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Crohn's Disease Kids are Becoming Corticosteroid Dependent

Saint Justine University Hospital Centre (CHU Sainte-Justine)
Digestive Disease Week (DDW), 2009

According to new study results presented at Digestive Disease Week (DDW) 2009, a high proportion of children with moderate to severe Crohn's disease treated with corticosteroids become corticosteroid dependent, particularly girls and children diagnosed at an earlier age.

Alfreda Krupoves, MD, MSc, Saint Justine University Hospital Centre (CHU Sainte-Justine), Montreal, Quebec, and colleagues reported on the results of a study conducted to assess the short- and long-term outcomes of the first course of corticosteroid therapy in children with Crohn's disease to examine potential factors that may predict corticosteroid responsiveness.

Based on the findings, the authors concluded that alternatives to corticosteroids are needed, particularly in girls and children diagnosed with Crohn's disease at a younger age.

The study included 195 children diagnosed with Crohn's disease who received corticosteroids within 1 year of diagnosis. Diagnosis was based on standard criteria used at a pediatric gastroenterology clinic in Montreal, and clinical phenotypes were classified using the Montreal Classification.

Of the 195 children, 113 (57.95%) were male; mean age at diagnosis was 11.62 years for males and 13.11 years for females. Disease location was in the ileum and upper digestive tract in 27 children (13.85%), colon and upper digestive tract in 53 children (27.18%), and ileocolon and upper digestive tract in 115 children (58.97%). In all, 174 children (89.23%) had inflammatory disease and 21 children (10.77%) had penetrating and stricturing disease.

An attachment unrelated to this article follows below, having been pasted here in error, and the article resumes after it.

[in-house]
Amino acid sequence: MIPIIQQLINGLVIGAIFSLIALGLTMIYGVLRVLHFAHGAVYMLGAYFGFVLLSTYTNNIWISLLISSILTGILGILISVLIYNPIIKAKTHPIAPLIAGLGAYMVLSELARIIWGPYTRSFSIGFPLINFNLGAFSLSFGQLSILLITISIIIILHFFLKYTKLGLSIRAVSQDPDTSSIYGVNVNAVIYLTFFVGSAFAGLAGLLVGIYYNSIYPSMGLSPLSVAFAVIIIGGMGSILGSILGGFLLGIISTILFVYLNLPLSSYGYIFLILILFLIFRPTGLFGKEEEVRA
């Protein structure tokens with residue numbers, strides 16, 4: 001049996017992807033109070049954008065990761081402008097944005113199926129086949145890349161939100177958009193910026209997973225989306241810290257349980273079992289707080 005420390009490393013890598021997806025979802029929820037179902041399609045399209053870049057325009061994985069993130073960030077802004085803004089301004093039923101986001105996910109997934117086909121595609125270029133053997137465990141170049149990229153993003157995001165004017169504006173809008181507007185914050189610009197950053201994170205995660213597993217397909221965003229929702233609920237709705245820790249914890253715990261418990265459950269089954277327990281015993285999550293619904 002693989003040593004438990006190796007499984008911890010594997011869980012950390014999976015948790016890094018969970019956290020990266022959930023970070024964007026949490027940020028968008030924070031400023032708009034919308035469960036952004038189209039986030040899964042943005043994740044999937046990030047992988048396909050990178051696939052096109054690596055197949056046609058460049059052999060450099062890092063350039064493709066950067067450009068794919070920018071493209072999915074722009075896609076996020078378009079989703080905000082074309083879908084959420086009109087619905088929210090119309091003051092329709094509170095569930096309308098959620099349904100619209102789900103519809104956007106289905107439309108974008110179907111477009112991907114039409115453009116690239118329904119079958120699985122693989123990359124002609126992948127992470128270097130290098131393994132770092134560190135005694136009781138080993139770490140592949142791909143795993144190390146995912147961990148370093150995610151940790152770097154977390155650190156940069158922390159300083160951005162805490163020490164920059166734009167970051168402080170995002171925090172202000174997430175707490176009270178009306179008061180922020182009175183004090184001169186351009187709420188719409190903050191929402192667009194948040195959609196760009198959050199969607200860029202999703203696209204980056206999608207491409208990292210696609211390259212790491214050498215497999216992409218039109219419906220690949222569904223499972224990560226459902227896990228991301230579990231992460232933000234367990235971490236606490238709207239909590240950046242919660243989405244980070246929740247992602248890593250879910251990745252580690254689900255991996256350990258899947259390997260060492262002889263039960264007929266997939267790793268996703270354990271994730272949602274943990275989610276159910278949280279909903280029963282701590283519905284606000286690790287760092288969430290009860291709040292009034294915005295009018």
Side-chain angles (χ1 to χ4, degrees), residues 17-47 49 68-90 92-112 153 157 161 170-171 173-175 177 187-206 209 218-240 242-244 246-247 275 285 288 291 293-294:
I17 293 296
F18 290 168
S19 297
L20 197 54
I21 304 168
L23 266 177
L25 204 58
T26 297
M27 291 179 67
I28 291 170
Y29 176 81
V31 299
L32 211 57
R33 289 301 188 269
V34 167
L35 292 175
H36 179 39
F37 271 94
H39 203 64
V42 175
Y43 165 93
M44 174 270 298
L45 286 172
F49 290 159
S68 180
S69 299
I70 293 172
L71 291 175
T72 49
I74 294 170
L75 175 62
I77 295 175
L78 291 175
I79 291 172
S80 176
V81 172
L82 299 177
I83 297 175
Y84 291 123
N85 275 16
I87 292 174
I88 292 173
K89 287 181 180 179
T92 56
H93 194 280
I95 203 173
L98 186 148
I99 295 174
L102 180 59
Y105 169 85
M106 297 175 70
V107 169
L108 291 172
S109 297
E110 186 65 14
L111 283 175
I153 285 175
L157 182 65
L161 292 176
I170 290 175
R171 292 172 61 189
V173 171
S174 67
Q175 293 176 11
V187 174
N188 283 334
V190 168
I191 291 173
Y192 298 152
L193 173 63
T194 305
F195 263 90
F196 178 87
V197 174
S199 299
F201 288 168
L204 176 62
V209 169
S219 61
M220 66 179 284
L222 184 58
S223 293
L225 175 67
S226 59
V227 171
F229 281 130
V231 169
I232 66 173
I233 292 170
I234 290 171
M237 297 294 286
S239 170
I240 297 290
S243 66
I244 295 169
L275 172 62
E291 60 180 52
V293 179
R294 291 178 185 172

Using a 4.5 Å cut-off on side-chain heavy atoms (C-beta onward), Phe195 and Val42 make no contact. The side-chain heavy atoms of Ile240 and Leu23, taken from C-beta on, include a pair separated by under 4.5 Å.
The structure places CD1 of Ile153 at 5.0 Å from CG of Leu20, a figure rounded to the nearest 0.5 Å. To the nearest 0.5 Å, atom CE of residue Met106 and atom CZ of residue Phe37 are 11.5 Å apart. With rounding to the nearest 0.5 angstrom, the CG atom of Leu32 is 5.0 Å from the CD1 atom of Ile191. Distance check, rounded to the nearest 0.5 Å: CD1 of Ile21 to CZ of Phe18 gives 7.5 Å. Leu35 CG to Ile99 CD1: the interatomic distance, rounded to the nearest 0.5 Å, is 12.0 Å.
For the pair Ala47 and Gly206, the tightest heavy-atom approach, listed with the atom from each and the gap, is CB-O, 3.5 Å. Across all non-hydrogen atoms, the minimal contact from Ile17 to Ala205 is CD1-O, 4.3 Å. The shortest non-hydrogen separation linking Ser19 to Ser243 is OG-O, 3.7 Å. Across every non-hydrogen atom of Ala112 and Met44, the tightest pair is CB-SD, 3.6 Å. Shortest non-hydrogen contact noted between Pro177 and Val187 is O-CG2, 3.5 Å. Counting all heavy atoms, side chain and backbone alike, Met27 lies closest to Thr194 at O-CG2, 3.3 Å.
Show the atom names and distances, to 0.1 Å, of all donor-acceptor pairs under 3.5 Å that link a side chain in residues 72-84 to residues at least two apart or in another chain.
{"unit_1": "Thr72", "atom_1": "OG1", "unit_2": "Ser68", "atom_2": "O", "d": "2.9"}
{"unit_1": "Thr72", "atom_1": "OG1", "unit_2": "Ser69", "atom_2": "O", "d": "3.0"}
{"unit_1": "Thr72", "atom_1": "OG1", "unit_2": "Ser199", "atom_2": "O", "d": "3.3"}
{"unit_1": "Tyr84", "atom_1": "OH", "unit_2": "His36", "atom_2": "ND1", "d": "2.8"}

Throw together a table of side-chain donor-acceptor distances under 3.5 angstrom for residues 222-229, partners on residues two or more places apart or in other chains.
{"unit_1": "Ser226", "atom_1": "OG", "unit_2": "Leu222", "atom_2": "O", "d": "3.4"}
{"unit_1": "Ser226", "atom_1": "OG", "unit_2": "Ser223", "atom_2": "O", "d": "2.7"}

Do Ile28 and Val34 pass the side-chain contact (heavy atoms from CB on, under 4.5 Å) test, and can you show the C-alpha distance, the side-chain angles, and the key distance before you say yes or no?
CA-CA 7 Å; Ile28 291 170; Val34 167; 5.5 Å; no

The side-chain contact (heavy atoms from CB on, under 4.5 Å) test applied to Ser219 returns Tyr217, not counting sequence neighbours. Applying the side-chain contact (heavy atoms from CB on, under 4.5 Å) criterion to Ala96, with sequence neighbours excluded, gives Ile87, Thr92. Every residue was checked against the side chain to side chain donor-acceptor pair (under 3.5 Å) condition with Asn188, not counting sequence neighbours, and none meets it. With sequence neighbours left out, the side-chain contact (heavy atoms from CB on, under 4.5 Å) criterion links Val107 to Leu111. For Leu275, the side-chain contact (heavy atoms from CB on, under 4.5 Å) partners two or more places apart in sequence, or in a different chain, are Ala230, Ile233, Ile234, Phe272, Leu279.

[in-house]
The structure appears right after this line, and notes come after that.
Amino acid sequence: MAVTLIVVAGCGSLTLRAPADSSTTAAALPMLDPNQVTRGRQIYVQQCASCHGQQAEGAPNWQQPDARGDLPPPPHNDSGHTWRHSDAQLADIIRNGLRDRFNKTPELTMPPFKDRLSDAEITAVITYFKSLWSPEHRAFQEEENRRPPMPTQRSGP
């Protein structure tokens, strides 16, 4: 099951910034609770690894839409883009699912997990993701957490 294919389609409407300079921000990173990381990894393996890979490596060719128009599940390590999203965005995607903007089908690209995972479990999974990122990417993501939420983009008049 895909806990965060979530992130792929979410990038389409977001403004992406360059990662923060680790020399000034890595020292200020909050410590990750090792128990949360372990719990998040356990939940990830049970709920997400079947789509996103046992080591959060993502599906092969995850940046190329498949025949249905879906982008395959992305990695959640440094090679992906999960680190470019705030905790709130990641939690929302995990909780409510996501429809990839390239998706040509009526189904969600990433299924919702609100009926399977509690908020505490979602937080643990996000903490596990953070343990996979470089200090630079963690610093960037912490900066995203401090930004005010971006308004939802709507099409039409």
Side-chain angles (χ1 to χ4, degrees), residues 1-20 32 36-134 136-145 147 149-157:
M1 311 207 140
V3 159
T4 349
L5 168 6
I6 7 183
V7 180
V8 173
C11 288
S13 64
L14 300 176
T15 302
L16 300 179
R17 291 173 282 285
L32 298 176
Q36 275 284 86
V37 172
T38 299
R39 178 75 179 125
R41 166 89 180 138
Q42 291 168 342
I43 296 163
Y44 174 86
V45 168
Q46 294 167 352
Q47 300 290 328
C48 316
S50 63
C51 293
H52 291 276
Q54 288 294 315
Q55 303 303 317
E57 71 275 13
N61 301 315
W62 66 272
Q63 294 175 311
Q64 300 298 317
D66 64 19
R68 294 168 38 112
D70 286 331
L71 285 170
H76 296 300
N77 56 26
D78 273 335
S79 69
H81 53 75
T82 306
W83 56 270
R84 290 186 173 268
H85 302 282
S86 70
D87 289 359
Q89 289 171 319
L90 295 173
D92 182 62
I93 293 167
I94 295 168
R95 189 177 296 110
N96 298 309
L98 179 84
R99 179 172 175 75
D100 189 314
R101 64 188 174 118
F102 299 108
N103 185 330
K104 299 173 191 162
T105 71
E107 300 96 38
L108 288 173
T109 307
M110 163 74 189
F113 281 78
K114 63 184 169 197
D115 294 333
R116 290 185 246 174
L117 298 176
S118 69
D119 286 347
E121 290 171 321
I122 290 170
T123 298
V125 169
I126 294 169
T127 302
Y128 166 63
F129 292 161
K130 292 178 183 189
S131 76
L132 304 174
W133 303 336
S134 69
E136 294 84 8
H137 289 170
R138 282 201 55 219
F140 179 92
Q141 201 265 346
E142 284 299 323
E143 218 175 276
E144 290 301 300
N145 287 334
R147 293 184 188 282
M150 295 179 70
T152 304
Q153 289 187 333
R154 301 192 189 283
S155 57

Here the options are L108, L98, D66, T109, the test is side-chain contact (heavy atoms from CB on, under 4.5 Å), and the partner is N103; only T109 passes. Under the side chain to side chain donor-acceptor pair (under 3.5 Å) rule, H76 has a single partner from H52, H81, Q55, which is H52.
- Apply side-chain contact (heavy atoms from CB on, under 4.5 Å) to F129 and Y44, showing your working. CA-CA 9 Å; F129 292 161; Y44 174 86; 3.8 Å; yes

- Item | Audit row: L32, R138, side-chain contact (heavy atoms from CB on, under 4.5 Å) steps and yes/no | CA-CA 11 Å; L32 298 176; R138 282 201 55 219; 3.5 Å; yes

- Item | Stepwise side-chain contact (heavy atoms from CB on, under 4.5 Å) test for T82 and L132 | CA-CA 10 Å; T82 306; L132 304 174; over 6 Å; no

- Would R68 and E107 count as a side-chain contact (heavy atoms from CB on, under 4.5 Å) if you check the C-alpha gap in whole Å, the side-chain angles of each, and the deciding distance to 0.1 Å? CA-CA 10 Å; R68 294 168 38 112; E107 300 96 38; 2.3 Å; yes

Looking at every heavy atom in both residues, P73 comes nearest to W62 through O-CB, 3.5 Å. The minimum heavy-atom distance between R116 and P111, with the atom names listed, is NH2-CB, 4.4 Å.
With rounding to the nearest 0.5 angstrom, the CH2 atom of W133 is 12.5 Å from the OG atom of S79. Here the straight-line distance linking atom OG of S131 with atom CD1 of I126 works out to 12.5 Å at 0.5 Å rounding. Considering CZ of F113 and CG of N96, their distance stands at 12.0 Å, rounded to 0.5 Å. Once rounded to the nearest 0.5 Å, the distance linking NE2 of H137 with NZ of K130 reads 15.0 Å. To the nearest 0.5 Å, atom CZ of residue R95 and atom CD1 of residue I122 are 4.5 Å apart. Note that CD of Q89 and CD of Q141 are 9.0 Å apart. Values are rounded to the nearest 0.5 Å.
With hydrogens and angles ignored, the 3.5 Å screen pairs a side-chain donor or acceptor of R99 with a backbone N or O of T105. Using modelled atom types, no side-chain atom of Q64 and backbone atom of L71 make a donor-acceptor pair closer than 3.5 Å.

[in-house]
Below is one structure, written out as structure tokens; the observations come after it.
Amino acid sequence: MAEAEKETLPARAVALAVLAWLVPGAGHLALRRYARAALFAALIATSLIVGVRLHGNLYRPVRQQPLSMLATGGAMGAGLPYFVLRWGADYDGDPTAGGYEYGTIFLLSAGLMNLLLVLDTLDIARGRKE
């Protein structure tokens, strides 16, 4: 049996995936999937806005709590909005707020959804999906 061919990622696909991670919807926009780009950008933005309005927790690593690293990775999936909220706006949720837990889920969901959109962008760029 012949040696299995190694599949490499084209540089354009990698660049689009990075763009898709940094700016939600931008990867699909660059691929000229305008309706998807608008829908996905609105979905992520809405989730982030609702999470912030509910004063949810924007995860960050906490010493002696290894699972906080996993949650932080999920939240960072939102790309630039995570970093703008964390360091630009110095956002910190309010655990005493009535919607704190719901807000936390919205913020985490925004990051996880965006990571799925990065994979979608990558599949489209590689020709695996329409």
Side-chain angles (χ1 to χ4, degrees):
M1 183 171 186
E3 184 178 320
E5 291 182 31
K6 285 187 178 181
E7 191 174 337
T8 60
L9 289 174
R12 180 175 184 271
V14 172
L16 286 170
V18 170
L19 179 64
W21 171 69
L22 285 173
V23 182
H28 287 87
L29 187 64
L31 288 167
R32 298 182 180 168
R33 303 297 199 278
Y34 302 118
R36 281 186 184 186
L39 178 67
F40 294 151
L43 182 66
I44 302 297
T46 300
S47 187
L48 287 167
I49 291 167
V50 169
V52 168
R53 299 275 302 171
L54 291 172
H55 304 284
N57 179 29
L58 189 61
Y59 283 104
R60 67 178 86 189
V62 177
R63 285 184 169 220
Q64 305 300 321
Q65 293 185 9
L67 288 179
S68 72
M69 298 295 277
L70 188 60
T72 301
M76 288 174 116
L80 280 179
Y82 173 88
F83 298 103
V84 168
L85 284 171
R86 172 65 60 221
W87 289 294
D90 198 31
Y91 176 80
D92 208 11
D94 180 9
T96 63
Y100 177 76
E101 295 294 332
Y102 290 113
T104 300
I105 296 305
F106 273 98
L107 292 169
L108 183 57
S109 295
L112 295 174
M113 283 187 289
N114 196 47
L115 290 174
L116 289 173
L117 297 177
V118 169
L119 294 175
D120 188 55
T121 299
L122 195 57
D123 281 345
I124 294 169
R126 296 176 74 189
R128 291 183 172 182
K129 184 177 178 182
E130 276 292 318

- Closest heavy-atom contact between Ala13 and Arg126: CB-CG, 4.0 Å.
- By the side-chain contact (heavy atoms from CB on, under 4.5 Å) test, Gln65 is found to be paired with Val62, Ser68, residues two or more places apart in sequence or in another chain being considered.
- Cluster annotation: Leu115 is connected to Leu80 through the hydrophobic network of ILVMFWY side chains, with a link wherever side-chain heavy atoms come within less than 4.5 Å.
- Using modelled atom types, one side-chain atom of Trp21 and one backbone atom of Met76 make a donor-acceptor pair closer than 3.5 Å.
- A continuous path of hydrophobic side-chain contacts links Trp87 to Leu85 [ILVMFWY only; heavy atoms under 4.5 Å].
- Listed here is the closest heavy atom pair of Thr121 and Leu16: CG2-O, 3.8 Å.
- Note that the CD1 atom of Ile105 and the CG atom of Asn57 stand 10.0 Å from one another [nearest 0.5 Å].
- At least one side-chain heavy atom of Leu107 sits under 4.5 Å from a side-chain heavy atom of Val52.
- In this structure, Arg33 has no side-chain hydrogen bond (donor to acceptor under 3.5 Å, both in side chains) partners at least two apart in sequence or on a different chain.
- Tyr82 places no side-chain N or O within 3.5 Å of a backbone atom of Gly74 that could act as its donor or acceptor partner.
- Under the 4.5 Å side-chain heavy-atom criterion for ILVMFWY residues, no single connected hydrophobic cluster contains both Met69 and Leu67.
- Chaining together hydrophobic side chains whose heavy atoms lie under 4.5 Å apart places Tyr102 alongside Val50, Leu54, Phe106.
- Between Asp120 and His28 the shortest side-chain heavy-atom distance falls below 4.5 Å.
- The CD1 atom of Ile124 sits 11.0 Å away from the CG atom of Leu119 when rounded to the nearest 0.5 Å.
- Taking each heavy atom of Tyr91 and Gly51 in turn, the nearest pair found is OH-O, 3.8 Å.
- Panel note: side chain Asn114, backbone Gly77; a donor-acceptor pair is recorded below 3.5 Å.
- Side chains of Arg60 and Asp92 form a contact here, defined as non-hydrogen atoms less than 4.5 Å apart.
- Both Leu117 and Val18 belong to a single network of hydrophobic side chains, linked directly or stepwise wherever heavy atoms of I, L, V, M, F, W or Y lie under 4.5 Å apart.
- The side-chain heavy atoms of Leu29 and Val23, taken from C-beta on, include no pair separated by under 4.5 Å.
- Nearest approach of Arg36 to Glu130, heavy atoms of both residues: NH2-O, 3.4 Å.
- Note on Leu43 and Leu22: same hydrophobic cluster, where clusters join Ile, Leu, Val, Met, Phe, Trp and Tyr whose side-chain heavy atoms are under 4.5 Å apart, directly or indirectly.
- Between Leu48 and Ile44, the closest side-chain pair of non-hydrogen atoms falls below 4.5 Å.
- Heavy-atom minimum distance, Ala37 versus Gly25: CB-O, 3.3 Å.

Immediate response to treatment was assessed on day 30 of corticosteroid therapy. Of the 195 children, 109 (55.9%) achieved a complete response, 73 (37.44%) achieved a partial response, and 13 (6.66%) did not respond. Of the 182 responders (93.34%), 72 (39.56%) became corticosteroid dependent and 110 (61.44%) had a prolonged response.

As shown by logistic regression analyses, children who became corticosteroid dependent were more likely to be diagnosed with Crohn's disease at a younger age compared with children who had a prolonged response (odds ratio [OR] = 0.85; 95% confidence interval [CI], 0.77 to 0.94; P = .002), and girls were more likely not to respond to corticosteroids compared with boys (OR = 3.36; 95% CI, 0.99 to 11.31; P = .051).

No association was found between corticosteroid response and clinical phenotype.

Digestive Disease Week 2009 is cosponsored by the American Association for the Study of Liver Disease (AASLD), the American Gastroenterological Association (AGA), the American Society for Gastrointestinal Endoscopy (ASGE), and the Society for Surgery of the Alimentary Tract (SSAT).

Research Title: Immediate and Long-Term Response to Corticosteroid Therapy in Pediatric Crohn's Disease Patients. Abstract M1160

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